The holiday season ended up better than expected for online retailers, who saw a 15 percent increase in sales over the previous year period.
According to a study released Wednesday by digital measurement and analytics firm, comScore, shoppers spent $53.3 billion on retail purchases from desktop computers for the November to December season compared to 2013’s $46.5 billion, slightly above comScore’s originally forecast $53.2 billion.
“The 2014 online holiday shopping season was very strong overall as spending slightly exceeded our fairly optimistic forecast heading into the season,” comScore chairman emeritus Gian Fulgoni said.
Cyber Monday was the heaviest spending day of the season for the fifth consecutive year, bringing in more than $2.038 billion in desktop buying. The day after Cyber Monday ranked second in spending at $1.796 billion, followed by Green Monday, which came in as the third biggest shopping day as previously predicted, with $1.615 billion. Black Friday brought in $1.505 billion in sales, up 26 percent over 2013, and Thanksgiving Day saw sales reaching just over $1 billion, a 32 percent jump from the year before.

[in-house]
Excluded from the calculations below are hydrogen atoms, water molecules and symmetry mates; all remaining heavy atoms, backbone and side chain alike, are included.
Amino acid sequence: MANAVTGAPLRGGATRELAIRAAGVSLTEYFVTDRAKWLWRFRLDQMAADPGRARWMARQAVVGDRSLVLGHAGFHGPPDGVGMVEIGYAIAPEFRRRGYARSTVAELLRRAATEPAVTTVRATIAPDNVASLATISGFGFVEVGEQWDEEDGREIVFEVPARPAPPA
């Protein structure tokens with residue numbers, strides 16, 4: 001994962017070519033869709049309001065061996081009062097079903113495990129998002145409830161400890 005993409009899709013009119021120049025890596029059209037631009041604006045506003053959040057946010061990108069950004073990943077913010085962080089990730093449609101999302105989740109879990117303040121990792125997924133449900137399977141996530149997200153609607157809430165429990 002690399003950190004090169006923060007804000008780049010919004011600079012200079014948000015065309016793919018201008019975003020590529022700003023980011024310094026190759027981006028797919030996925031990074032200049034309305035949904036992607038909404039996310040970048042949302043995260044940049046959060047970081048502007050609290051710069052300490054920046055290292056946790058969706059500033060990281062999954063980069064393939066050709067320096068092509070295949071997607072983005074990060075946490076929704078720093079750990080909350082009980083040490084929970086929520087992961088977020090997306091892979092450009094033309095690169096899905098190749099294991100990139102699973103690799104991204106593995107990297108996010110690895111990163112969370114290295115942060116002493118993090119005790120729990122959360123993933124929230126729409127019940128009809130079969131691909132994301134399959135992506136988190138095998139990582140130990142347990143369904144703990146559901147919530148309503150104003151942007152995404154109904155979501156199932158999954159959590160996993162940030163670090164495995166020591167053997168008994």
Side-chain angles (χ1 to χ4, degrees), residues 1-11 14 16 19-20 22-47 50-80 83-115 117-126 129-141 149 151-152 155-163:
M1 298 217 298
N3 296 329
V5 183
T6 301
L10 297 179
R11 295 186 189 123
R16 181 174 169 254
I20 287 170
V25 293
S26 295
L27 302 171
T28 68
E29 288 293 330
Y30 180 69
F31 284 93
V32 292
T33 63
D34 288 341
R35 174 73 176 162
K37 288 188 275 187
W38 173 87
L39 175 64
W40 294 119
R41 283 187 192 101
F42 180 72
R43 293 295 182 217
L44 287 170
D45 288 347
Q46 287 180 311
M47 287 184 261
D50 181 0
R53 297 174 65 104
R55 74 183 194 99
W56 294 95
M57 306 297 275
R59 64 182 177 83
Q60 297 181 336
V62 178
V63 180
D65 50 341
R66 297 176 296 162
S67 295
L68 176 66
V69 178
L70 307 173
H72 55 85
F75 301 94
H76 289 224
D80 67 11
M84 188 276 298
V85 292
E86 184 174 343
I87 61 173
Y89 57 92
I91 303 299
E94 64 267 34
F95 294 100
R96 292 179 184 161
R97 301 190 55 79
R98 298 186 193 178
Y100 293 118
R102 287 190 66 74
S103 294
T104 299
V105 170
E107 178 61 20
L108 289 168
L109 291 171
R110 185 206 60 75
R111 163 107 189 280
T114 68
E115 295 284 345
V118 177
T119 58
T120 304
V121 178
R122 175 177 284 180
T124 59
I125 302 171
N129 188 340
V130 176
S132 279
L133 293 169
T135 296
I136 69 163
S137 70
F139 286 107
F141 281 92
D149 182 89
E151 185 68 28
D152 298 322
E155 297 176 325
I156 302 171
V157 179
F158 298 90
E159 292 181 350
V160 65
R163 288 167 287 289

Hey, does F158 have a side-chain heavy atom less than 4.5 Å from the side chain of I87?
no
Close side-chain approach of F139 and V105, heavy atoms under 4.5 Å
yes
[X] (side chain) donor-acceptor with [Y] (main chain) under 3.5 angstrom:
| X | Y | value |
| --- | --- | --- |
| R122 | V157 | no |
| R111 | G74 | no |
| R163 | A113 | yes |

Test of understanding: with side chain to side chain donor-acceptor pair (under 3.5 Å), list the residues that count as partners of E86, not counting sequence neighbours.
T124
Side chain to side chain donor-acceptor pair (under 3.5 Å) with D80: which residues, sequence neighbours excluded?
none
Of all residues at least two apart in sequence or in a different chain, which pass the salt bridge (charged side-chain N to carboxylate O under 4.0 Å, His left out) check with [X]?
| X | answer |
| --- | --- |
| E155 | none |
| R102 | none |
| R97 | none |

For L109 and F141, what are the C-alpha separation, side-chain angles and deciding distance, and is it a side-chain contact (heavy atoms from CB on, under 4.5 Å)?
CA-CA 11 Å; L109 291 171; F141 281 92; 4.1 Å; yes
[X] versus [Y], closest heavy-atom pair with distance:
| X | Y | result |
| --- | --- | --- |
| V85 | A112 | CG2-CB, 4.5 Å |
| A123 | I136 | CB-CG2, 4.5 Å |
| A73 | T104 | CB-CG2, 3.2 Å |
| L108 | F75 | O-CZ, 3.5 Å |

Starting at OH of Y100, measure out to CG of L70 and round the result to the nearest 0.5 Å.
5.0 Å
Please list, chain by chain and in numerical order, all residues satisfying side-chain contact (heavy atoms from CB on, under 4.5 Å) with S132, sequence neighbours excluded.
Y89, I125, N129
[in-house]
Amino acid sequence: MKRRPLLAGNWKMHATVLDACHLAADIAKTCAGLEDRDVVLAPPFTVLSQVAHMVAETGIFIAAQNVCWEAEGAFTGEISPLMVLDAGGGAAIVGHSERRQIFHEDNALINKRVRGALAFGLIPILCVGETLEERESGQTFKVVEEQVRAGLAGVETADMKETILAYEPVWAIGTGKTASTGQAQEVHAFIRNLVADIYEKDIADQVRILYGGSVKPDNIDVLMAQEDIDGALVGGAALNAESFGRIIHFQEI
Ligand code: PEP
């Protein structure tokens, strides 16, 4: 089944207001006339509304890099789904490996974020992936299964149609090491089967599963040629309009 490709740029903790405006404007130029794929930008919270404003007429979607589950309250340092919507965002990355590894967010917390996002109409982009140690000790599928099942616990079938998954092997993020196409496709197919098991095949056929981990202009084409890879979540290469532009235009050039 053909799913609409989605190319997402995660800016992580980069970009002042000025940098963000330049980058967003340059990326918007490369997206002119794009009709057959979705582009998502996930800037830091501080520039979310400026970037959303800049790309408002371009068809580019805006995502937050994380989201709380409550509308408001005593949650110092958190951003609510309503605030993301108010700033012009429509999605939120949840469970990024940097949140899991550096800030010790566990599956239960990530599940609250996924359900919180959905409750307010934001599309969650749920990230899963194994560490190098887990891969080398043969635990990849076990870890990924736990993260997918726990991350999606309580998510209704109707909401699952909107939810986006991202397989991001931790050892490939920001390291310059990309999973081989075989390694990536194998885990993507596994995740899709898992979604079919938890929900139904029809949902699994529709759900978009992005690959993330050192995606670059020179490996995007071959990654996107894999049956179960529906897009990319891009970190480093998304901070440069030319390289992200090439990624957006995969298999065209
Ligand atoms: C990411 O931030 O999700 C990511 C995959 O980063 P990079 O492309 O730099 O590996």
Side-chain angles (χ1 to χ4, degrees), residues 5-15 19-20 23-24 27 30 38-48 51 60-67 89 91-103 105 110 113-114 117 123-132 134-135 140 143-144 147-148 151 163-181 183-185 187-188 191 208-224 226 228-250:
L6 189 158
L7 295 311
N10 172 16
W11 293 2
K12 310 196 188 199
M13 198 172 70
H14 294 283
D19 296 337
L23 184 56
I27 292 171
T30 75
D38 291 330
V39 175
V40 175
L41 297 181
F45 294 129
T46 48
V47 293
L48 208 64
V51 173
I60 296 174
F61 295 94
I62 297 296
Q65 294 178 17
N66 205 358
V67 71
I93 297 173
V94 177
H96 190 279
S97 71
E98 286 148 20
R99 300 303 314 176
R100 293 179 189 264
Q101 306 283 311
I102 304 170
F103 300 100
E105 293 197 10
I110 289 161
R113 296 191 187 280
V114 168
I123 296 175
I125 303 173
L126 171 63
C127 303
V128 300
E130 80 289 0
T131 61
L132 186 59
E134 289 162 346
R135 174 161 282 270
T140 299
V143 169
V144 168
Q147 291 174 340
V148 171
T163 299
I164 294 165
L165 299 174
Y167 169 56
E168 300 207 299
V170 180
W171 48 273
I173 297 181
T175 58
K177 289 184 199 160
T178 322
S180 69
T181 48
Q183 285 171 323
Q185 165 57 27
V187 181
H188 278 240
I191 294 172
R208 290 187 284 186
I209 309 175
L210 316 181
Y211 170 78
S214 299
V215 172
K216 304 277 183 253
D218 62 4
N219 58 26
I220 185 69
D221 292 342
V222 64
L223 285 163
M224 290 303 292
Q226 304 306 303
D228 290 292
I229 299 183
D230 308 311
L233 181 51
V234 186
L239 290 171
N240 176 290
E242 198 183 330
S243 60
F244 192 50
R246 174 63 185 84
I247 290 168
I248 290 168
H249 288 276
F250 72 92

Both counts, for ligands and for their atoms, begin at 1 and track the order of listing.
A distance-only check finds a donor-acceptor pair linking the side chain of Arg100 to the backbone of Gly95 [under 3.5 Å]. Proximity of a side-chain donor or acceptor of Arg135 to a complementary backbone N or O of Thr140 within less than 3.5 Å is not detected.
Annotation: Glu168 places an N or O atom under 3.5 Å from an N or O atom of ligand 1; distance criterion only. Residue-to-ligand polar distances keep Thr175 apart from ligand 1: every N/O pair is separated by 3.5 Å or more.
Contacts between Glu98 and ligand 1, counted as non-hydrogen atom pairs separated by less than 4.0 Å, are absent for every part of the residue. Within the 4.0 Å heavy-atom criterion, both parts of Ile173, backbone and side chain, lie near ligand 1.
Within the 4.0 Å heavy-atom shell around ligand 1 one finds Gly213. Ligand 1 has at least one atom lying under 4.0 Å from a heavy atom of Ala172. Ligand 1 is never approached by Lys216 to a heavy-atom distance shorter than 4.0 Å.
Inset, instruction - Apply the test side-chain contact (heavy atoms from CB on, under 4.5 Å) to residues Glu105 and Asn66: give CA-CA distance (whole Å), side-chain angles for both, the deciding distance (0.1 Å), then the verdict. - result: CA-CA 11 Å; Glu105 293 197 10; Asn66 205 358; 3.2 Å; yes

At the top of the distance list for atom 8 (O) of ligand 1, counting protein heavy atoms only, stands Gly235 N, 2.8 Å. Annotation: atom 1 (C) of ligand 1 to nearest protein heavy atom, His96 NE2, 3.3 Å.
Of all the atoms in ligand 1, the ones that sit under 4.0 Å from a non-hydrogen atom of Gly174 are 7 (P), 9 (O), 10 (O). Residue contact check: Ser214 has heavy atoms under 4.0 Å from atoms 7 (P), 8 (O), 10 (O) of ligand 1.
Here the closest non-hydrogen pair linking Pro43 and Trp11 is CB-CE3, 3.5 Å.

For the entire Nov. 1 to Dec. 31 period, online spending exceeding $1 billion on 15 different days, compared to 10 days in 2013.
“Despite a shortened holiday calendar between Thanksgiving and Christmas and erroneous reports of flagging holiday sales, the American consumer proved resilient and flexed their spending muscle online this year,” Fulgoni said. “Increasing positive consumer sentiment, improving job growth and declining gas prices all combined to create a more favorable spending environment, and consumers responded by opening up their wallets in a way they hadn’t since before the financial crisis. In the end, we saw growth rates in the mid-double digits as the online channel continued to gain meaningful share from brick-and-mortar.”